Friday, January 11, 2013

January 11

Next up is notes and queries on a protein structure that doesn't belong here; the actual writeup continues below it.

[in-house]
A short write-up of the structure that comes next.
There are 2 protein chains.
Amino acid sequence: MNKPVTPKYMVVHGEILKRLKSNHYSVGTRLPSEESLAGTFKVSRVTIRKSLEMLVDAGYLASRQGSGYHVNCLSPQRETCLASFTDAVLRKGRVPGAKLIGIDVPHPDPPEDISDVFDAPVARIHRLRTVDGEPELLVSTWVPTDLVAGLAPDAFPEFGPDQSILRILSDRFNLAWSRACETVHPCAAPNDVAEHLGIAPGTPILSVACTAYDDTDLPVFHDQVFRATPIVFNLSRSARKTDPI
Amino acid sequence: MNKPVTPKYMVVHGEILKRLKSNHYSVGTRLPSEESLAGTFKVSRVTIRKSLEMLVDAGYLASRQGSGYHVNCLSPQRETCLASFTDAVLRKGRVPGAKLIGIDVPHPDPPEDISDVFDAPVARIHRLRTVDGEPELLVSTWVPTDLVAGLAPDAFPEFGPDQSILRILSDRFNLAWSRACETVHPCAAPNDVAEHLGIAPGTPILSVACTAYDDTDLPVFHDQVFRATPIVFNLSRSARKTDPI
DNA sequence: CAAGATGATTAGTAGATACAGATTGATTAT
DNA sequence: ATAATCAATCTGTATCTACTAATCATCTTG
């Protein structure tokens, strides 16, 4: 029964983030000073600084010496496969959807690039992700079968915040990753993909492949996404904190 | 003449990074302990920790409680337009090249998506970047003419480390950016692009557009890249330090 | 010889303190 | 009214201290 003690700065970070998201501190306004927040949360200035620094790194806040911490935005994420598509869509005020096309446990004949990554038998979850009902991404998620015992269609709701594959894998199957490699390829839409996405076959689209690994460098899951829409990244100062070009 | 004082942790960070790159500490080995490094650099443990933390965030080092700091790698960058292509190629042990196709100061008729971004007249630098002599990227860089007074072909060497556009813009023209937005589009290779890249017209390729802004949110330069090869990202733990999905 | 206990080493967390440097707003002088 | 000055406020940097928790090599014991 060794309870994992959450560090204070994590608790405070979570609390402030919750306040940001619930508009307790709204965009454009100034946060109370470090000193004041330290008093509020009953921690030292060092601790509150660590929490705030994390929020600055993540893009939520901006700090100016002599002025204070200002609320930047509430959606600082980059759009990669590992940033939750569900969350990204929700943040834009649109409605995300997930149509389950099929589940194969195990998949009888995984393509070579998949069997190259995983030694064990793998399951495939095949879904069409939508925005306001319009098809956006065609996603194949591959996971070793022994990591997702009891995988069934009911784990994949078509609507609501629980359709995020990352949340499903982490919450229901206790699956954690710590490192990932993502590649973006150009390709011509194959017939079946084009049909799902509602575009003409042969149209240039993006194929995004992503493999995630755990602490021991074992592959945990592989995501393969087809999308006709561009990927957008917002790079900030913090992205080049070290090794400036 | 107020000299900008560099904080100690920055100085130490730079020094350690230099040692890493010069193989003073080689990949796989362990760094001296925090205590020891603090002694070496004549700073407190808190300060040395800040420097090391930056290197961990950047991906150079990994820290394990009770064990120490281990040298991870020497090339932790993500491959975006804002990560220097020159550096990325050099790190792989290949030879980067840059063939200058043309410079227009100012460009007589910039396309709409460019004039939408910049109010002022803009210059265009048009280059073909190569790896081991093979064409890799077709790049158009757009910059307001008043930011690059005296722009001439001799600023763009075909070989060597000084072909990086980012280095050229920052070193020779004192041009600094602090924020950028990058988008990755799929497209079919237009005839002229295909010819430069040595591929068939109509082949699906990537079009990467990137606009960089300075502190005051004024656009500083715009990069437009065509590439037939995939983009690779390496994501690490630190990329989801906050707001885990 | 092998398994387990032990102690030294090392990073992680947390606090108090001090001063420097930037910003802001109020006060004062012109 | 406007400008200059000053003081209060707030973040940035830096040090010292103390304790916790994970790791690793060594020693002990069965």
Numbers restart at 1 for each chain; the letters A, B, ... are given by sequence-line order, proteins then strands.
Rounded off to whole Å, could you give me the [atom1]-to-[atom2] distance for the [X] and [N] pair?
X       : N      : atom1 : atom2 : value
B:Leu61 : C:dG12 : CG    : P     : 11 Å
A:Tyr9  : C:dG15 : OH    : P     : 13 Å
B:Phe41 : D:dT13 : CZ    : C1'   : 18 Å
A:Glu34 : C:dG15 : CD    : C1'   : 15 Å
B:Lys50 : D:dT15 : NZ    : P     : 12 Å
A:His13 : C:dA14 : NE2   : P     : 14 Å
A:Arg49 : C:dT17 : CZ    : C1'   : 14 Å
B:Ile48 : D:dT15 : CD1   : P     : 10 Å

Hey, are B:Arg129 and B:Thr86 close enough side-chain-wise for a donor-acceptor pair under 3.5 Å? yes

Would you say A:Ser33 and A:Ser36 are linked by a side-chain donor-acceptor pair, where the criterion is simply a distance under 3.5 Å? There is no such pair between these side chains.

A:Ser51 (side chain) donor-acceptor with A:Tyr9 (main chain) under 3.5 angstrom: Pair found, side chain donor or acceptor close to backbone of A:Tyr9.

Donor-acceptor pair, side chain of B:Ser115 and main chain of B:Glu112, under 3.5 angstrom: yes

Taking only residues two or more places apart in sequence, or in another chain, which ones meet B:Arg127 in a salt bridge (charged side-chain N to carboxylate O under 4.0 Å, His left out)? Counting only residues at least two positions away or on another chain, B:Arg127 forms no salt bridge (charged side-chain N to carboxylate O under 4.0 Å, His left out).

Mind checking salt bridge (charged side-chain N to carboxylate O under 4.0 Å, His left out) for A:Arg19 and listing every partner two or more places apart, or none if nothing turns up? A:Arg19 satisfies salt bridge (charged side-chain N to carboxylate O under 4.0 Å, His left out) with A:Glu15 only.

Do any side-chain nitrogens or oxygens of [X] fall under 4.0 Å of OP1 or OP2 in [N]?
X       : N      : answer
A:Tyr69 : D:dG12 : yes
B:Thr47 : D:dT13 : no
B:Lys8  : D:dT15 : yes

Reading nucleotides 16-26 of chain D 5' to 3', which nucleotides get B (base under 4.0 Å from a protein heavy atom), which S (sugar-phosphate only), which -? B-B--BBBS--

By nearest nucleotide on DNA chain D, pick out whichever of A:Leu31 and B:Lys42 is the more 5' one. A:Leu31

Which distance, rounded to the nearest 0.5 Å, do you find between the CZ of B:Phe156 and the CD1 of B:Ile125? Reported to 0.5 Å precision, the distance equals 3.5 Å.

Businessman Ezra Cornell was born on January 11, 1807, north of New York City. A Quaker, he was raised Upstate and settled in Ithaca. As an associate of Samuel F.B. Morse, he made his fortune in the telegraph business by inventing the idea of using glass insulators where telegraph lines connected to supporting poles. He supervised wiring of the nation’s first significant telegraph lines, and later owned the company that became Western Union. As a lifelong devotee of science and agriculture, when he retired from the company he saw the Morrill Land-Grant Colleges Act (1862) as an opportunity to found a university that would teach practical subjects equally with the classics favored by traditional institutions. Cornell University was chartered in Ithaca in 1865 under Ezra’s motto, “I would found an institution where any person can find instruction in any study.”

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